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“Women who wear makeup earn up to 30 percent more than those who ‘can’t be bothered.’”
This is according to a study in the American Economic Review.
True or false?
Before you answer, consider these assertions:
- A post on Psychology Today says that “additional research published in the International Journal of Cosmetics Science (Nash et al., 2006) discovered that people judge women wearing cosmetics as higher earners with more prestigious jobs.”
- According to Free Money Finance, women would be more successful if we wore skirts and makeup.
- In her book Nice Girls Don’t Get the Corner Office: 101 Unconscious Mistakes Women Make That Sabotage Their Careers, author Lois P. Frankel, Ph.D., says that “about 55% of your credibility comes from how you look.”
Personally, I can remember a time when I didn’t wear makeup to work and my salary was definitely a lot less than it is today. Of course I can’t be certain that the only variable was makeup; I was also junior-level at the time and had fewer years of experience under my belt. But I do believe that there is something to dressing the part.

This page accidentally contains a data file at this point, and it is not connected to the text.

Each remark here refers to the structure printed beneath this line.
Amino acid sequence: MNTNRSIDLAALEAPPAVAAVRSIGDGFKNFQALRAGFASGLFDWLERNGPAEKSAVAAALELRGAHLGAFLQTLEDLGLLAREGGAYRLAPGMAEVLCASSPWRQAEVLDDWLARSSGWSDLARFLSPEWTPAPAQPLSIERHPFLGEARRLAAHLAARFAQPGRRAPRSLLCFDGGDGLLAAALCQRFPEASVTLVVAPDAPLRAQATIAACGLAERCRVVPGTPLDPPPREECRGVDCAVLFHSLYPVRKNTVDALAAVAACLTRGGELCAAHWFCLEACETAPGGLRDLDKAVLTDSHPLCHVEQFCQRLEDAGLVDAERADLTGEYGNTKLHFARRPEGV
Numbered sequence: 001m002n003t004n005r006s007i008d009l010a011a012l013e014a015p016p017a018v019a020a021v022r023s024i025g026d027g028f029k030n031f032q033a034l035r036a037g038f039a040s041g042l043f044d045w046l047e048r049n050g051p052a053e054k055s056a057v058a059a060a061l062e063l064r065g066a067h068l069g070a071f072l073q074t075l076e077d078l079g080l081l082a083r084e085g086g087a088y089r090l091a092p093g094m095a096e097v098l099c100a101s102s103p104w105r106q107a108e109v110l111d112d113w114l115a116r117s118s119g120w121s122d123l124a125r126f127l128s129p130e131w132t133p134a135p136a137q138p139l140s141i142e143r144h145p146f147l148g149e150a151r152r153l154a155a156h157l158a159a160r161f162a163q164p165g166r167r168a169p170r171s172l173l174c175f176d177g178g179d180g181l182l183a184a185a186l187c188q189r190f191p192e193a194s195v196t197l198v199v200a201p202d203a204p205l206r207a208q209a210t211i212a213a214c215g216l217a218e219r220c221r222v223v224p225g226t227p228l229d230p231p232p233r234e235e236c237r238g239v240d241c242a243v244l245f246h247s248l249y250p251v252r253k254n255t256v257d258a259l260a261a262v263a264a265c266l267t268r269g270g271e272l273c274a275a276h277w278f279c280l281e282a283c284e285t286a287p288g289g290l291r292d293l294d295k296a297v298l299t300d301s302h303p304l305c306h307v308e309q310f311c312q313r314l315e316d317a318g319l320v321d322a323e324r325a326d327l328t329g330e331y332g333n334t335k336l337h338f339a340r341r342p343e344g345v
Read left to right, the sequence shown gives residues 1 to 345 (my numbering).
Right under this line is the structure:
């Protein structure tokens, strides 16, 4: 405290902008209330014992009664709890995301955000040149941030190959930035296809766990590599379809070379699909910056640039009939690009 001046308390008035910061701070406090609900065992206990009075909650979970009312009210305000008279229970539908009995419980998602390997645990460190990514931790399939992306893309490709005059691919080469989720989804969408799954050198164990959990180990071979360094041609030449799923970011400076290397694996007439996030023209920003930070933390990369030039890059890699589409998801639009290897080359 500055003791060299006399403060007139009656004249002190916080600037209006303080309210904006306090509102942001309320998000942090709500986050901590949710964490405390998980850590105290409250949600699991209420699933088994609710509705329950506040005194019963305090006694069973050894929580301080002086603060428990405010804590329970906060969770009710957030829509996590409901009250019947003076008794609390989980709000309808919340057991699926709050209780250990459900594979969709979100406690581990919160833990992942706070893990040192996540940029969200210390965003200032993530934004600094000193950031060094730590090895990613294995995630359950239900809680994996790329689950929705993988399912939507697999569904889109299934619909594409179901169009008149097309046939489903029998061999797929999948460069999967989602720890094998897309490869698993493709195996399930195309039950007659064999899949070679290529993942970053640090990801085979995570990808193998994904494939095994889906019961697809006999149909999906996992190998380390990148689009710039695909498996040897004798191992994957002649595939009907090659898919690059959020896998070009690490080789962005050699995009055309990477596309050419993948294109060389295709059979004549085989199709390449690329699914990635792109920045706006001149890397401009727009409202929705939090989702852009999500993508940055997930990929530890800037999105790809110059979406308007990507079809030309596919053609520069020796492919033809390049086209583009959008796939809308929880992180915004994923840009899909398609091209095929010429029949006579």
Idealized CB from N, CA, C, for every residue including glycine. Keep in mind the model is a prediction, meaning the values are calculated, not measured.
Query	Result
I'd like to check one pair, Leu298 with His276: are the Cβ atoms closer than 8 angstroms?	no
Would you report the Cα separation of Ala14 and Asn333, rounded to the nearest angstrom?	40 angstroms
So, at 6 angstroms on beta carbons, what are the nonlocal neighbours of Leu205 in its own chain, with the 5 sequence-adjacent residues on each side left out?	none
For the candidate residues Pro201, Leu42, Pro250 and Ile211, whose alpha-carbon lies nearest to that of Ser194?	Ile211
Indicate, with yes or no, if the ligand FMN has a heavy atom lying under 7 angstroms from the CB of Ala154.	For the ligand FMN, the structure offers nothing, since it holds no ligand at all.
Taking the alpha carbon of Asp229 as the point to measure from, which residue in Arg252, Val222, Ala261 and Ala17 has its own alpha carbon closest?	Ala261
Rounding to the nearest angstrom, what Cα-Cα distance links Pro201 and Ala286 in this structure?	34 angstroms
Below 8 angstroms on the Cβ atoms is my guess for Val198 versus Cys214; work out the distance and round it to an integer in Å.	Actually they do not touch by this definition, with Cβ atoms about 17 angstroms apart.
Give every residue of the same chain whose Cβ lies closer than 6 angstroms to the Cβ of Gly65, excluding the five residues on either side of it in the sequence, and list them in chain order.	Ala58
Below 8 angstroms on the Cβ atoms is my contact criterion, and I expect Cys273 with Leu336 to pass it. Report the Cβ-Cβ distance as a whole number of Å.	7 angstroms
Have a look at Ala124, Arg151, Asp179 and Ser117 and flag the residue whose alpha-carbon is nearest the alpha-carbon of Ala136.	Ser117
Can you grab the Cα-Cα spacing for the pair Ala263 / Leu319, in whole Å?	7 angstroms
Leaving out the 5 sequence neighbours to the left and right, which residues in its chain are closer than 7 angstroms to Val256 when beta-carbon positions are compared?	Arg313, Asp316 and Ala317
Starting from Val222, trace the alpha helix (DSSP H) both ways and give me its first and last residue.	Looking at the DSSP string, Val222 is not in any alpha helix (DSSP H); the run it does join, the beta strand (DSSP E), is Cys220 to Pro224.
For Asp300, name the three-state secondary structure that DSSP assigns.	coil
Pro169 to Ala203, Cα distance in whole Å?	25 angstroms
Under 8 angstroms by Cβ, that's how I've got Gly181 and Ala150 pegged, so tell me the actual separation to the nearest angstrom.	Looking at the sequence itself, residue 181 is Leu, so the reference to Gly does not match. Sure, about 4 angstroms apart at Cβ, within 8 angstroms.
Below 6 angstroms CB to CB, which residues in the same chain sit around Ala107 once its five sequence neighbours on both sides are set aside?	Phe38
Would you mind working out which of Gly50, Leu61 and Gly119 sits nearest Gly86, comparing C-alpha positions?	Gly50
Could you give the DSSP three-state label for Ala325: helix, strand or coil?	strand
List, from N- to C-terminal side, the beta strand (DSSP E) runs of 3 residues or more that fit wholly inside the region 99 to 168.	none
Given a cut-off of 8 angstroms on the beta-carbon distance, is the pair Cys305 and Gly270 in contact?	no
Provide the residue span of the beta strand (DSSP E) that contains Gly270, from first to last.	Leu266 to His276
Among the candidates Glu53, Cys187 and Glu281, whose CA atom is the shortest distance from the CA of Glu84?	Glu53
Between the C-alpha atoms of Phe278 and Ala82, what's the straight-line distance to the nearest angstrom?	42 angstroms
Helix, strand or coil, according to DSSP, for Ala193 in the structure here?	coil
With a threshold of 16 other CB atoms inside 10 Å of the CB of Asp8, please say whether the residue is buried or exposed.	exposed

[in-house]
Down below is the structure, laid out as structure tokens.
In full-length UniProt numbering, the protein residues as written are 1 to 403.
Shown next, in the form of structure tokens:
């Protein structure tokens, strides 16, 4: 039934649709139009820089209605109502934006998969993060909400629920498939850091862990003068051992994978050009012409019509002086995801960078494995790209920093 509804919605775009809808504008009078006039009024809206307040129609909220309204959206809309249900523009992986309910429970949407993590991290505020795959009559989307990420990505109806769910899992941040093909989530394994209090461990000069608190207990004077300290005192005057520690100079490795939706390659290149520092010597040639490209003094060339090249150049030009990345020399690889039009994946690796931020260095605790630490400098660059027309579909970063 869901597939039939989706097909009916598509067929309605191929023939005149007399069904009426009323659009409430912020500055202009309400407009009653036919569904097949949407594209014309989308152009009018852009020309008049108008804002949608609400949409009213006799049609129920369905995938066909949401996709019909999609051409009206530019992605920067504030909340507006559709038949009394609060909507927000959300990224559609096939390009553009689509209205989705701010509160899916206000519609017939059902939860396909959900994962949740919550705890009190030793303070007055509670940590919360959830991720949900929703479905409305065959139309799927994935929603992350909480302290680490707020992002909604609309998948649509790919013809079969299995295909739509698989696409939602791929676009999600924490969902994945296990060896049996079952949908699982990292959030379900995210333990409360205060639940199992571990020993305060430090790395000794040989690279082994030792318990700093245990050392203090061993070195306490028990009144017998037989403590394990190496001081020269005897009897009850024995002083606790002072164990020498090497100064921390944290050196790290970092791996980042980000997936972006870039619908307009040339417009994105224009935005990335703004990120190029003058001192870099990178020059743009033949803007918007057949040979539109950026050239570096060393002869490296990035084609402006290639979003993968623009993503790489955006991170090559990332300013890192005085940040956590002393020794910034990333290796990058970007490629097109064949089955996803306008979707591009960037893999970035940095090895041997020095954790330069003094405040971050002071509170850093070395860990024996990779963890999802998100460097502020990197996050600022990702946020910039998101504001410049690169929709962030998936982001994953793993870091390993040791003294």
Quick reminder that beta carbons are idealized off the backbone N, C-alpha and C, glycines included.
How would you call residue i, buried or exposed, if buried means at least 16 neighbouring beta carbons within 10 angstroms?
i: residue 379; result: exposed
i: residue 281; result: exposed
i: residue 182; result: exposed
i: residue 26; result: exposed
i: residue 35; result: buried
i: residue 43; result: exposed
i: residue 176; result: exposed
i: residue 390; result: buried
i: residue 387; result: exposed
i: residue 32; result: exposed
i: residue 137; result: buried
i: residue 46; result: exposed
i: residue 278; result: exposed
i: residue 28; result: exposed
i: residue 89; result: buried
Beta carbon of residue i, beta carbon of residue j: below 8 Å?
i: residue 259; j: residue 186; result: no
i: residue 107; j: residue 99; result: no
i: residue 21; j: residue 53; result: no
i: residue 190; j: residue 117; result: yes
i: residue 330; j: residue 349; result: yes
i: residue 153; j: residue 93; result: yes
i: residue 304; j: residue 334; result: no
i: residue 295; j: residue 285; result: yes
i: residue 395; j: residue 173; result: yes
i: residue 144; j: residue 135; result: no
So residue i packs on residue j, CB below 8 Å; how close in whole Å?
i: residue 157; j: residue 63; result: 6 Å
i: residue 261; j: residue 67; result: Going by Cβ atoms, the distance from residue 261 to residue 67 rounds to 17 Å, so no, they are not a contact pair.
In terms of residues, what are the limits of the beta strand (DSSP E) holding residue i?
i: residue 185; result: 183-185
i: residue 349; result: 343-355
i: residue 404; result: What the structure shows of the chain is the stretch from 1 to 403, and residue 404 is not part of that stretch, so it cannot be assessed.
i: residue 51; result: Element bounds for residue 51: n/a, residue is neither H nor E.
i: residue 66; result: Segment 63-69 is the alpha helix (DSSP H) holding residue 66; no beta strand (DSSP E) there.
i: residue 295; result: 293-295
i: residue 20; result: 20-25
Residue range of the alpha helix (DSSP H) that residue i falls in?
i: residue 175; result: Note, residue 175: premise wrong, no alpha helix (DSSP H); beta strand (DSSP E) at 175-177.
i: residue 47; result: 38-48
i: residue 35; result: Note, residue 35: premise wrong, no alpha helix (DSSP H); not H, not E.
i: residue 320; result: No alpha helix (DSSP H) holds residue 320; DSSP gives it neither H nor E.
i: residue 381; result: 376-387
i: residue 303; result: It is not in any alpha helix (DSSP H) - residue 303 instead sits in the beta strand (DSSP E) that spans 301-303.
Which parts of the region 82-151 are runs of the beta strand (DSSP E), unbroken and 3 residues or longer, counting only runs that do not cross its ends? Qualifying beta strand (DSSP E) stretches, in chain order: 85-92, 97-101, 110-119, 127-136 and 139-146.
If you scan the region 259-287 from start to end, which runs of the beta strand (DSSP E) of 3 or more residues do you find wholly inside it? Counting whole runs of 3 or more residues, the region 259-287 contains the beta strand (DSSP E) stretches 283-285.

To test the makeup myth, I sampled* women in my own personal network to see if this statement held true and learned that 94% of those who responded do in fact wear some form of makeup to work. Forty-seven represented these two earnings groups: $50,001-75,000 and more than $100,001. On average, our survey of professional females showed that those who choose to go bare when heading to the office bring in between $42,000 and $60,000 per year, which is at least 20% less than their non-makeup wearing counterparts.
So are the studies true? You be the judge. I do believe, however, that one should always work and dress for the job you want, not the job you have today. And if makeup is a part of that equation, then I guess you’ve answered your own question.
BTW, if you are a makeup wearer, here are four makeup mistakes to avoid at all costs.
*Survey did not take into account education, industry, tenure, or region.